As for tax justice and equity, we badly need that too. But let's not hold ending economic stagnation, and attaining full employment at a living wage, and all the other problems we need to solve, hostage to creating tax justice. People are suffering out there. Let's end the suffering first, and then create tax justice.

The opportunity to do that will come soon enough, when economic reasons for raising taxes eventually align with the need for tax justice. That will happen once we get to full employment.

(Cross-posted from New Economic Perspectives)

Average: 5 (1 vote)


Submitted by Hugh on

As I said recently, Sanders folds so often and so easily that even cheap lawn chairs make fun of him. Nobody in Washington takes him seriously. He's just another Trojan horse meant to deflect progressive energies and keep them from coalescing into something that just might challenge the system. Sanders voted for Obamacare which is all you really need to know about him. The sooner we realize that there are no progressives in Washington the sooner we can start working on putting some real progressives there.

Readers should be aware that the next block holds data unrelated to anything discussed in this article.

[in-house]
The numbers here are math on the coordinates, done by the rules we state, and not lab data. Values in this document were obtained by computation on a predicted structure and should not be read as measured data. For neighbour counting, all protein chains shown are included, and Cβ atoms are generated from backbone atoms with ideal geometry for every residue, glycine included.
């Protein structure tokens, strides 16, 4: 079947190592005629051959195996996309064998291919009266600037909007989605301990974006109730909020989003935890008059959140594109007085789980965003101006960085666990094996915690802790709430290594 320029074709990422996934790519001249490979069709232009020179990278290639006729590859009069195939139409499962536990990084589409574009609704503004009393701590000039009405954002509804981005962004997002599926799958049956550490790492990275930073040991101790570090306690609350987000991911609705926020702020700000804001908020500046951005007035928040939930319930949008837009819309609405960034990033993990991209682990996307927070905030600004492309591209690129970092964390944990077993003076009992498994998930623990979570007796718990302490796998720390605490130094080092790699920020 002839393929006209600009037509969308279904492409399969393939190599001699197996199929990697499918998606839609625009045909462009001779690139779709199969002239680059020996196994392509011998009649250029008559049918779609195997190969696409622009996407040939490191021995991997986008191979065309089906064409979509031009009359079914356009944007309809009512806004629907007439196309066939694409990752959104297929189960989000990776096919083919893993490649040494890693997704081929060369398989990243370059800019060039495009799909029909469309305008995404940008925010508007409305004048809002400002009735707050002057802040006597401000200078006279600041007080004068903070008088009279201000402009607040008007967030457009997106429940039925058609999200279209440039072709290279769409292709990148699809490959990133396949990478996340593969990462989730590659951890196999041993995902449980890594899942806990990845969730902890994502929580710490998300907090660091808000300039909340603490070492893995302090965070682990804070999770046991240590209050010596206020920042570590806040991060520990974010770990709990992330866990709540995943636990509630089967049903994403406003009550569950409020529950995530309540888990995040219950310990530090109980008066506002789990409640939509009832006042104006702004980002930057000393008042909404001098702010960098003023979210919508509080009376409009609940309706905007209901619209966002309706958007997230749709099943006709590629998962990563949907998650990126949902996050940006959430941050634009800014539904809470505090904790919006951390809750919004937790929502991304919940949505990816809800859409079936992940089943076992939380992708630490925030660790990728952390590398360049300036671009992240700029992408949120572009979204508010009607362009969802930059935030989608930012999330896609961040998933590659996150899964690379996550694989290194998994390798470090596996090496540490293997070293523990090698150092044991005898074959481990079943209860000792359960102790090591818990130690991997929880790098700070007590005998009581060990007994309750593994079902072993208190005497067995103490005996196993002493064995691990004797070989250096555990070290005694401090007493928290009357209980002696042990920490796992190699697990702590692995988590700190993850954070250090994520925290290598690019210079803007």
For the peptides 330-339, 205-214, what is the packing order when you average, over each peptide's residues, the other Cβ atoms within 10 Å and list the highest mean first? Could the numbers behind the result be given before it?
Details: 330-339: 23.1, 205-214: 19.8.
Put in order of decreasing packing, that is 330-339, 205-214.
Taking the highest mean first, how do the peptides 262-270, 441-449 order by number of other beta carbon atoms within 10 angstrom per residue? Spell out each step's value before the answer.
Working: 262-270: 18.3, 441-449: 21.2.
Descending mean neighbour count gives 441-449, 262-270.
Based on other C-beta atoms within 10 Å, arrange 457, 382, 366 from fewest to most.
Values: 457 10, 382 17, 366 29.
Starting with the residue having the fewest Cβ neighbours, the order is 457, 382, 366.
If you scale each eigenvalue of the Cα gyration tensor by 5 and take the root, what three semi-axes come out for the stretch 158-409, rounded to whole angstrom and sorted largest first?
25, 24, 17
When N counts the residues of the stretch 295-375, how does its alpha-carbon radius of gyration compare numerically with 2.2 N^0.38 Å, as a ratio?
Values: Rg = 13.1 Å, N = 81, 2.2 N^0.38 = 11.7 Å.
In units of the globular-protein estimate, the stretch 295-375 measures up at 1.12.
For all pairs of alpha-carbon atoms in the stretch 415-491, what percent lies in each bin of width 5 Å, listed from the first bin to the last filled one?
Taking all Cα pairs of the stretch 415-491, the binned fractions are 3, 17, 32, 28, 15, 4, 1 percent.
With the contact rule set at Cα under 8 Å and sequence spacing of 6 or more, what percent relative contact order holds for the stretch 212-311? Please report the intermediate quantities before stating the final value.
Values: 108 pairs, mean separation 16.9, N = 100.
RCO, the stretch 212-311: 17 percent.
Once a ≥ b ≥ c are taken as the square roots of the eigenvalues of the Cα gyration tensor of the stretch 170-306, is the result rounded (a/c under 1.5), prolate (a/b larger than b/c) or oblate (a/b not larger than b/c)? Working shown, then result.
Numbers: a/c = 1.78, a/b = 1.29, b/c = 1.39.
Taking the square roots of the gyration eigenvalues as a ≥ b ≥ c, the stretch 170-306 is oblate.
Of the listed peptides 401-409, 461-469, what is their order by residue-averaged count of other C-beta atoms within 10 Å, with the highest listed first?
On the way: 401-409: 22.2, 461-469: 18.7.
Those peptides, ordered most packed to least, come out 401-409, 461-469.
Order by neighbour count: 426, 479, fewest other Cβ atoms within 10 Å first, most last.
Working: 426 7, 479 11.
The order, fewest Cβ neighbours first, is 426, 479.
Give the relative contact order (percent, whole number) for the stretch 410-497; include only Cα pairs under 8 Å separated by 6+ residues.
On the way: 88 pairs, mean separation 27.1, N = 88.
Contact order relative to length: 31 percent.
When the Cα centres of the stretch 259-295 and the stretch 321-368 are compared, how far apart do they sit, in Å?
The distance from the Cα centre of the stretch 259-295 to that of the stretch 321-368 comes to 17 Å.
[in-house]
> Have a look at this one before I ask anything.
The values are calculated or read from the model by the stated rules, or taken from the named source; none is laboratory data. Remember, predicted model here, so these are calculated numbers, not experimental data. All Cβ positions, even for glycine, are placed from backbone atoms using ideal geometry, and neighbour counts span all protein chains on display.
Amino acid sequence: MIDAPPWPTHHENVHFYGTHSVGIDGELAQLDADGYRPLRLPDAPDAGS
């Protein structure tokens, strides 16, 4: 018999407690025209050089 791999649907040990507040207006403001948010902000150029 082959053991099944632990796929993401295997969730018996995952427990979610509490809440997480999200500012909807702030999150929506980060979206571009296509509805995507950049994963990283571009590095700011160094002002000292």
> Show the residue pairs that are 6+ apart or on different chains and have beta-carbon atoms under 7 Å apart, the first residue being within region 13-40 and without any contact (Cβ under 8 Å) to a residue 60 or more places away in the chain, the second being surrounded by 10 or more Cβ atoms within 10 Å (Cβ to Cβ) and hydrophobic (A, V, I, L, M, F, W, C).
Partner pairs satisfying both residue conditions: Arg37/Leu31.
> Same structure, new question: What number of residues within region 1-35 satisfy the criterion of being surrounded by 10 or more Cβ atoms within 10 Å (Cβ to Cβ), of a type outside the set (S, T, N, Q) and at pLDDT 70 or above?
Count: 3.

Alexa's picture
Submitted by Alexa on

Excellent post, lets.

Agree with all of it (that is that isn't over my pay grade, LOL!), except maybe the part about Senator Sanders "not understanding" stuff.

Sadly, I believe that he does understand, but that his "function" is to mollify the Dem Party Base--anyway that he can.

Especially, after the last time that I spoke to him about some of the provisions in Bowles-Simpson's "The Moment Of Truth," which the President has included in his Budgets, and in his recommendations to the Super Committee (in 2011).

(I've spoken to him during during the "Brunch With Bernie" segment of the Thom Hartmann Radio Program, on numerous occasions.)

On the last occasion, Senator Sanders literally countered my points with "talking points," and changed the subject.

Hey, I don't pretend to be able to read his mind. And he may be a progressive at heart. Actually, I'm inclined to believe that he is.